When Steve Walsh left the band in 2014, given his iconic status as a singer, and the band’s forty plus year history, had Kansas give any serious consideration to calling it a day, or was it always the case the band were going to continue? “I don’t think so,” Ronnie came back with. “I don’t honestly believe they had any plans to call it a day. Richard’s attitude was ‘what am I gonna do if I retire, watch TV all day?’ I think he’s gonna keep going and die onstage. This is what he does, he’s doing what he loves to do, and the same with Phil. They’re enjoying experiencing the success the band is currently having. When you’re doing something you’ve loved your entire life, why end it ? Why stop? If I wasn’t in Kansas I’d still be a musician. Music’s the best therapy in the world.”
Before Prelude Implicit, Kansas hadn’t released a new album in the 2000s but, since 2016, as well as Prelude, they’ve also released a ‘live’ double album, Leftoverture: 40th Anniversary Tour and now, in 2020, there’s a new studio album, Absence of Presence. Did Ronnie think his presence, as new blood in a long established band, has given Kansas a new lease of life? “Yes, I think so,” Ronnie said, cautiously. “With the addition of myself and David Mannion in the band back in 2014, it was definitely new blood coming into the band, and one of the things I’m very fortunate to experience is the acceptance of the fanbase, which is something I’m very thankful for. There’s definitely a new lease of life because, in the time I’ve been in the band, I’ve seen our audiences and our venues grow larger and larger. Not only that, with the help of the TV show, Supernatural, and our playing ‘ComiCon’ in San Diego, we’ve seen an influx of younger people. The long-time Kansas fans are now bringing their children, who in turn are bringing their children,” he laughed, “and I love seeing the younger fans in the audience with an appreciation of our music, it really warms my heart. The band has acquired a new lease on life and we’re really taking advantage of it.”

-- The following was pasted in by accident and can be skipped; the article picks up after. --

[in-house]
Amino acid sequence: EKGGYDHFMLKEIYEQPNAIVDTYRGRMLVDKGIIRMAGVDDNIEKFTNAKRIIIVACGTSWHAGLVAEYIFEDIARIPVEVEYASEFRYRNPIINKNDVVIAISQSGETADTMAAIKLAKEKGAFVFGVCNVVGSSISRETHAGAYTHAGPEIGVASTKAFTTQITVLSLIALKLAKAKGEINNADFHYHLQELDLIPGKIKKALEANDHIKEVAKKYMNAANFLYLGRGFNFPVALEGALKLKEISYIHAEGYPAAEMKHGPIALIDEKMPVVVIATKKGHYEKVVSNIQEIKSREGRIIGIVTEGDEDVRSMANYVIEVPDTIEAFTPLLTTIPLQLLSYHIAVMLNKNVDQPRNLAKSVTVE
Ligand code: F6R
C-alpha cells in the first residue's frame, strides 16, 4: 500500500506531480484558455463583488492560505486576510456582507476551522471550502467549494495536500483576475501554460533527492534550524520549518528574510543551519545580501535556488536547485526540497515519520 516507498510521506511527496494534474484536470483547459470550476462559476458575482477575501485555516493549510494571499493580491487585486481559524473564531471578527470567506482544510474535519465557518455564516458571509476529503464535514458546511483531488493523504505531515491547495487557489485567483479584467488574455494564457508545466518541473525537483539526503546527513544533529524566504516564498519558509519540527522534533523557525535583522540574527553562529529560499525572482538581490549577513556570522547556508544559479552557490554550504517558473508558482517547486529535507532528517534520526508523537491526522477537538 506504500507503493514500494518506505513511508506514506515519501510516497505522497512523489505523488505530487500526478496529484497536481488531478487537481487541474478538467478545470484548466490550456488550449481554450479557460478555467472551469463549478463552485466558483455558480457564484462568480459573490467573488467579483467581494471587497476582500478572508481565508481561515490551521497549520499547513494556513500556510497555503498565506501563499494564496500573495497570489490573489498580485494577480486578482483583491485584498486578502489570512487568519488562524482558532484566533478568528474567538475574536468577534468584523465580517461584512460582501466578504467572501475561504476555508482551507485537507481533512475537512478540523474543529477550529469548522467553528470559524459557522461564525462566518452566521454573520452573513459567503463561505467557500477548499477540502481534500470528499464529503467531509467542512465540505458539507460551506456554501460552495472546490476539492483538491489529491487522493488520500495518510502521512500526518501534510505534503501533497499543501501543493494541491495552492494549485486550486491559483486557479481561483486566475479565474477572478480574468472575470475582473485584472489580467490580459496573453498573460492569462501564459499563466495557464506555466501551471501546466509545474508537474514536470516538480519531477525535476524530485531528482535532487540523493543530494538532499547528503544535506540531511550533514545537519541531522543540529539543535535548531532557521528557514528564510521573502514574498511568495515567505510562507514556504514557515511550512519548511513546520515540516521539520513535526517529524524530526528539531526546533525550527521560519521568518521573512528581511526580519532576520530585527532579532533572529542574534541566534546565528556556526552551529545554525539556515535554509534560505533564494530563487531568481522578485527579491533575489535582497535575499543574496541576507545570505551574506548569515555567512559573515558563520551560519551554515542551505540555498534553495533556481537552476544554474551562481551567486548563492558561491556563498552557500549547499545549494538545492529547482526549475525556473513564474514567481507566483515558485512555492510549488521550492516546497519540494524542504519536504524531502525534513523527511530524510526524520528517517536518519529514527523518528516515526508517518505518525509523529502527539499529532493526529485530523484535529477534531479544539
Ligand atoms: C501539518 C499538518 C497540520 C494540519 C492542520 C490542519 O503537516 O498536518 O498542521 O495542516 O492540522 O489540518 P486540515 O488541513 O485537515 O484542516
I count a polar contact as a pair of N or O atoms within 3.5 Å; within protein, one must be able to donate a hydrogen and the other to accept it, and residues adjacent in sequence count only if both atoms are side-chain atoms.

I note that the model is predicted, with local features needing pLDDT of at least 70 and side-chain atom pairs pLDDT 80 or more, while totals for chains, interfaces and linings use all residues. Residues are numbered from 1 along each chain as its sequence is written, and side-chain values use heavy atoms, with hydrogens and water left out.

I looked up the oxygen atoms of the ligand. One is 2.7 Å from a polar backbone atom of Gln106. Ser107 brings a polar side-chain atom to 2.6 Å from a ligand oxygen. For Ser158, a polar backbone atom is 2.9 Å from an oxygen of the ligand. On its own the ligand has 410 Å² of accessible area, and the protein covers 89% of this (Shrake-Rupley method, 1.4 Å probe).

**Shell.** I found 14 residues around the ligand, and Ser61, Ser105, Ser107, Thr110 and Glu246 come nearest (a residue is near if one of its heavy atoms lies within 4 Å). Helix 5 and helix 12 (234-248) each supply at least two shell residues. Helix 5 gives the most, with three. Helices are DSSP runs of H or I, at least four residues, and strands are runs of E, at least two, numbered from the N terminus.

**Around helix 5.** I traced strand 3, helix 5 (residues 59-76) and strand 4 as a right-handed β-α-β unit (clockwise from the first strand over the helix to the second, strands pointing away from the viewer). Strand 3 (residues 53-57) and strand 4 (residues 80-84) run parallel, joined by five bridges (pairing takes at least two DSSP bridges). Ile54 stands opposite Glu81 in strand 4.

Ronnie believes he know exactly why a band like Kansas have acquired such longevity. “I grew up during a time when some of the greatest music ever has been produced in classic rock. The timeframe, from the late sixties to the mid-eighties? Gosh, there was just an incredible explosion of great music, really great music, and it’s stood the test of time. Carry on Wayward Son is one of the most requested songs on rock radio, if not the most requested, along with Stairway to Heaven.” And Don’t Fear The Reaper must be up there at the top for requests, I suggested… “Oh, my God, our friends Blue Oyster Cult,” he laughed. “We’ve done so many gigs with BOC. They’re a great bunch of guys and, I’m very proud to say, I’ve played the cowbell on Reaper ‘live’ onstage. That’s pretty cool. My life is complete,” he laughed again.